Use all the things?

I often need to use lots of external things, in several different files. This causes two problematic scenarios:

  1. Copy/pasting blocks of use statements and getting hit with a million warnings until I figure out exactly what I need. There's overlap between the files but the dependencies aren't identical everywhere
  2. Being precise and taking the time to only use what I need, which is annoying

To make life simpler, I'm thinking of just keeping a top-level and pub use everything there and then use crate::prelude::* everywhere.

Is that a terrible idea? One concern I have is if it will it affect compile time or bloat in debug builds... (I'd imagine release builds strip unused code).

Personally I think it's better to explicitly sate what you want to use. That is to say your option 2).

That may well be a bit annoying but I feel it's only a minor annoyance in exchange for making ones code clearer and less annoying for anyone to read later. Including oneself.

What typically happens to me is that as I develop code and juggle things around into separate files and modules those use statements do indeed get copied in bulk around the place. Resulting in lots warnings. No worries, my editor highlights all the unused used statements, every now and then when things have stabilised a bit I go in and remove them all. Fairly painless.

If removing annoyance when crafting code were the main priority one would want to get rid of having to code around all that type and memory alias checking Rust does. Go far enough and one may as well use Javascript.


No. use statements do not add to code size at all, and compile time difference is really negligible (it affects parsing and name resolution, but will not add even 1ms probably).

Personally, I prefer exact use statements and solve the problems with tooling (auto-imports etc.). However, I'm not aware of any official guidance, so this is depending on your opinion.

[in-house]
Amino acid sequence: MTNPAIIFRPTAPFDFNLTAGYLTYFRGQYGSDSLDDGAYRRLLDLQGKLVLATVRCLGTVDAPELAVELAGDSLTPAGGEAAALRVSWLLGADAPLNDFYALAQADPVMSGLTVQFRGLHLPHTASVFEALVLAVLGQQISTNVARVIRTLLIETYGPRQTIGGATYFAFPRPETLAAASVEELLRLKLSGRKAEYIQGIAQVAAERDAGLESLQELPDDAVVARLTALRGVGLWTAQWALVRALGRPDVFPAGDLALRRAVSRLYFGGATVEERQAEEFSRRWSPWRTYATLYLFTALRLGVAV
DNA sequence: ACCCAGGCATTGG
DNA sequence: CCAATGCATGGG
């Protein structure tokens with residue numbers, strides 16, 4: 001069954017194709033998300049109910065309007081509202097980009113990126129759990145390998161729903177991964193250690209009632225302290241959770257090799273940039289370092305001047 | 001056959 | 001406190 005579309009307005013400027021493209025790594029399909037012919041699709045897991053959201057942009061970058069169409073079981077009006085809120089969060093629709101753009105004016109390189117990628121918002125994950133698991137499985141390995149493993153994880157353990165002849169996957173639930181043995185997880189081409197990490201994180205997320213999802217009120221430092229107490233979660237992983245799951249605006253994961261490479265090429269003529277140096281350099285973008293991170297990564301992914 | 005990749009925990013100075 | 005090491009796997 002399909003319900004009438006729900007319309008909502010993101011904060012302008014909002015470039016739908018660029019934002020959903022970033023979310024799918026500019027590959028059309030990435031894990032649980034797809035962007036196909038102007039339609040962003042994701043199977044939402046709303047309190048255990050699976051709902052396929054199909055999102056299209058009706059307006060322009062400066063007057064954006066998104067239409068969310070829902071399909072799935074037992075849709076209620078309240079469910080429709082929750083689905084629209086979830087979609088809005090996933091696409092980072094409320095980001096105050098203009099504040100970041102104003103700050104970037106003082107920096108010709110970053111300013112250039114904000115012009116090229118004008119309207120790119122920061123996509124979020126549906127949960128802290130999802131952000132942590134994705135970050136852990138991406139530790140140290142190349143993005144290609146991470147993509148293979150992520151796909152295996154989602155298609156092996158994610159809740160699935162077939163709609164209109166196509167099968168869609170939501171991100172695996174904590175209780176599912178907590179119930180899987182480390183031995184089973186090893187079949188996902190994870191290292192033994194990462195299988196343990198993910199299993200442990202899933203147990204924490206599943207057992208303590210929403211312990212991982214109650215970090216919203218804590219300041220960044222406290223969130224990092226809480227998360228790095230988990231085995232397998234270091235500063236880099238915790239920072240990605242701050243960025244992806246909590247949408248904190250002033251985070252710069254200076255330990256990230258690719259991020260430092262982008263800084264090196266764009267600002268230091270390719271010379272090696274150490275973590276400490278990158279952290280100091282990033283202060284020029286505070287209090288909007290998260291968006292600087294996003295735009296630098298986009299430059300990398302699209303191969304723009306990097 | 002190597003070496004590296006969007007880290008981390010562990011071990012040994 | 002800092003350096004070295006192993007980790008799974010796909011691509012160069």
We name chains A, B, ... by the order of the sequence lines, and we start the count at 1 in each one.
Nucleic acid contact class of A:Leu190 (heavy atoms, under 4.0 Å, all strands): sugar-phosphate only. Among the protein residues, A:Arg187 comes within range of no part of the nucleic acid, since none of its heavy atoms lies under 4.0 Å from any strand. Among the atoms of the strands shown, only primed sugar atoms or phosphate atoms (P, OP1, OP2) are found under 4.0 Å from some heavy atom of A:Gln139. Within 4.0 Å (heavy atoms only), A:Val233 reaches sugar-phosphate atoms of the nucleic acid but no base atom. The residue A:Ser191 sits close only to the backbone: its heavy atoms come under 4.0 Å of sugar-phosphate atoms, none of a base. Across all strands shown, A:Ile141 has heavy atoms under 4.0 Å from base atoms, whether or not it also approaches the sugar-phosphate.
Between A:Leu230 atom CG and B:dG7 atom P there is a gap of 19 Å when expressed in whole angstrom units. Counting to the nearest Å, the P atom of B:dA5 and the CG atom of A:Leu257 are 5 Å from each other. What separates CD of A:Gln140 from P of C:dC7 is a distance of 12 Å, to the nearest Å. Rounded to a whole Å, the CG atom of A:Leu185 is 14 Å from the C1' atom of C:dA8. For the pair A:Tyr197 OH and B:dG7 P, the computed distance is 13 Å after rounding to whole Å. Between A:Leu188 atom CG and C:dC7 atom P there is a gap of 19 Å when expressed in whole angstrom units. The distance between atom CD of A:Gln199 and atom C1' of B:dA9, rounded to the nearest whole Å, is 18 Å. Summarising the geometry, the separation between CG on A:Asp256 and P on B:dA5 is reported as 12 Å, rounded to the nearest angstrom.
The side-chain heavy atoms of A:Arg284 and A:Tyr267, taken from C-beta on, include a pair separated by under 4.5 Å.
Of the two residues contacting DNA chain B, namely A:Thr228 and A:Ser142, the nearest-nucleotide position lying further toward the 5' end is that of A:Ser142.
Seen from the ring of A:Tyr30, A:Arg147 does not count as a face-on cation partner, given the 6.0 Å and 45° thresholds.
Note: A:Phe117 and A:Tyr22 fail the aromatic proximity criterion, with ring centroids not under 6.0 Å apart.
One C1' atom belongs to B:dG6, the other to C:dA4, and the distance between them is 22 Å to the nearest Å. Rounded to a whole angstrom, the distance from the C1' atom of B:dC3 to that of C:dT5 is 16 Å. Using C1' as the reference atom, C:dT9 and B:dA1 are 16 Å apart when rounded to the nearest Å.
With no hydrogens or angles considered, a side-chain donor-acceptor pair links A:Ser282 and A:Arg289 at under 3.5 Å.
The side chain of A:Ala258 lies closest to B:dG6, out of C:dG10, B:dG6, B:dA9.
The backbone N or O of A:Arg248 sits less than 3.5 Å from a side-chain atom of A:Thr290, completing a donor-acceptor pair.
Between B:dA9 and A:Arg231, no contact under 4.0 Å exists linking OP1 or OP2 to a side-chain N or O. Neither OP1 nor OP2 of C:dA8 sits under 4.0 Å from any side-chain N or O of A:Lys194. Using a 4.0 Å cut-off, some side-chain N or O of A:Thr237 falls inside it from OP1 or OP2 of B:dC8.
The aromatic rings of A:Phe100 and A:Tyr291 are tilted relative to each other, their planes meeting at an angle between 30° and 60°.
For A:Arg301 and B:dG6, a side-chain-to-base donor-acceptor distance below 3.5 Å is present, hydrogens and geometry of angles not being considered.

Seems like a bit of a jump to me. The tradeoffs here are very different from eachother...

Sorry, yes it is a bit of jump.

I have a habit to push thing to, often absurd, extremes when trying to make a point.

As far as I know use statements add noting to compile time. At least not noticeably. They don't actually do anything like pulling in lots of extra code to parse and compile like #include does in C.

Rather, all they do is provide shorter names to use in the rest of ones code.

As I said, I prefer to explicitly spell out what is use'ed in a module and prune these use statements down to only what is required.

In the same way one does not want leave a lot of unused variable declarations lying around the place. One declares what is needed rather than having Rust create those declarations.


use is not like C headers. It only enables use of abbreviated names, instead of adding more code. It brings names of items that the compiler already knows about, which is very cheap compared to C header parsing.


At least to me, not having to bother with manually writing use statements is one of the absolutely most important reasons for using an editor/IDE/plugin with code assist features. The same goes for automatically removing ones that are not needed anymore. Having to do a context switch by jumping to the top of the file is a major breaker of flow. Yes, Rust supports local use statements, which is great, but mostly for those things that you really only need once or twice in the whole file.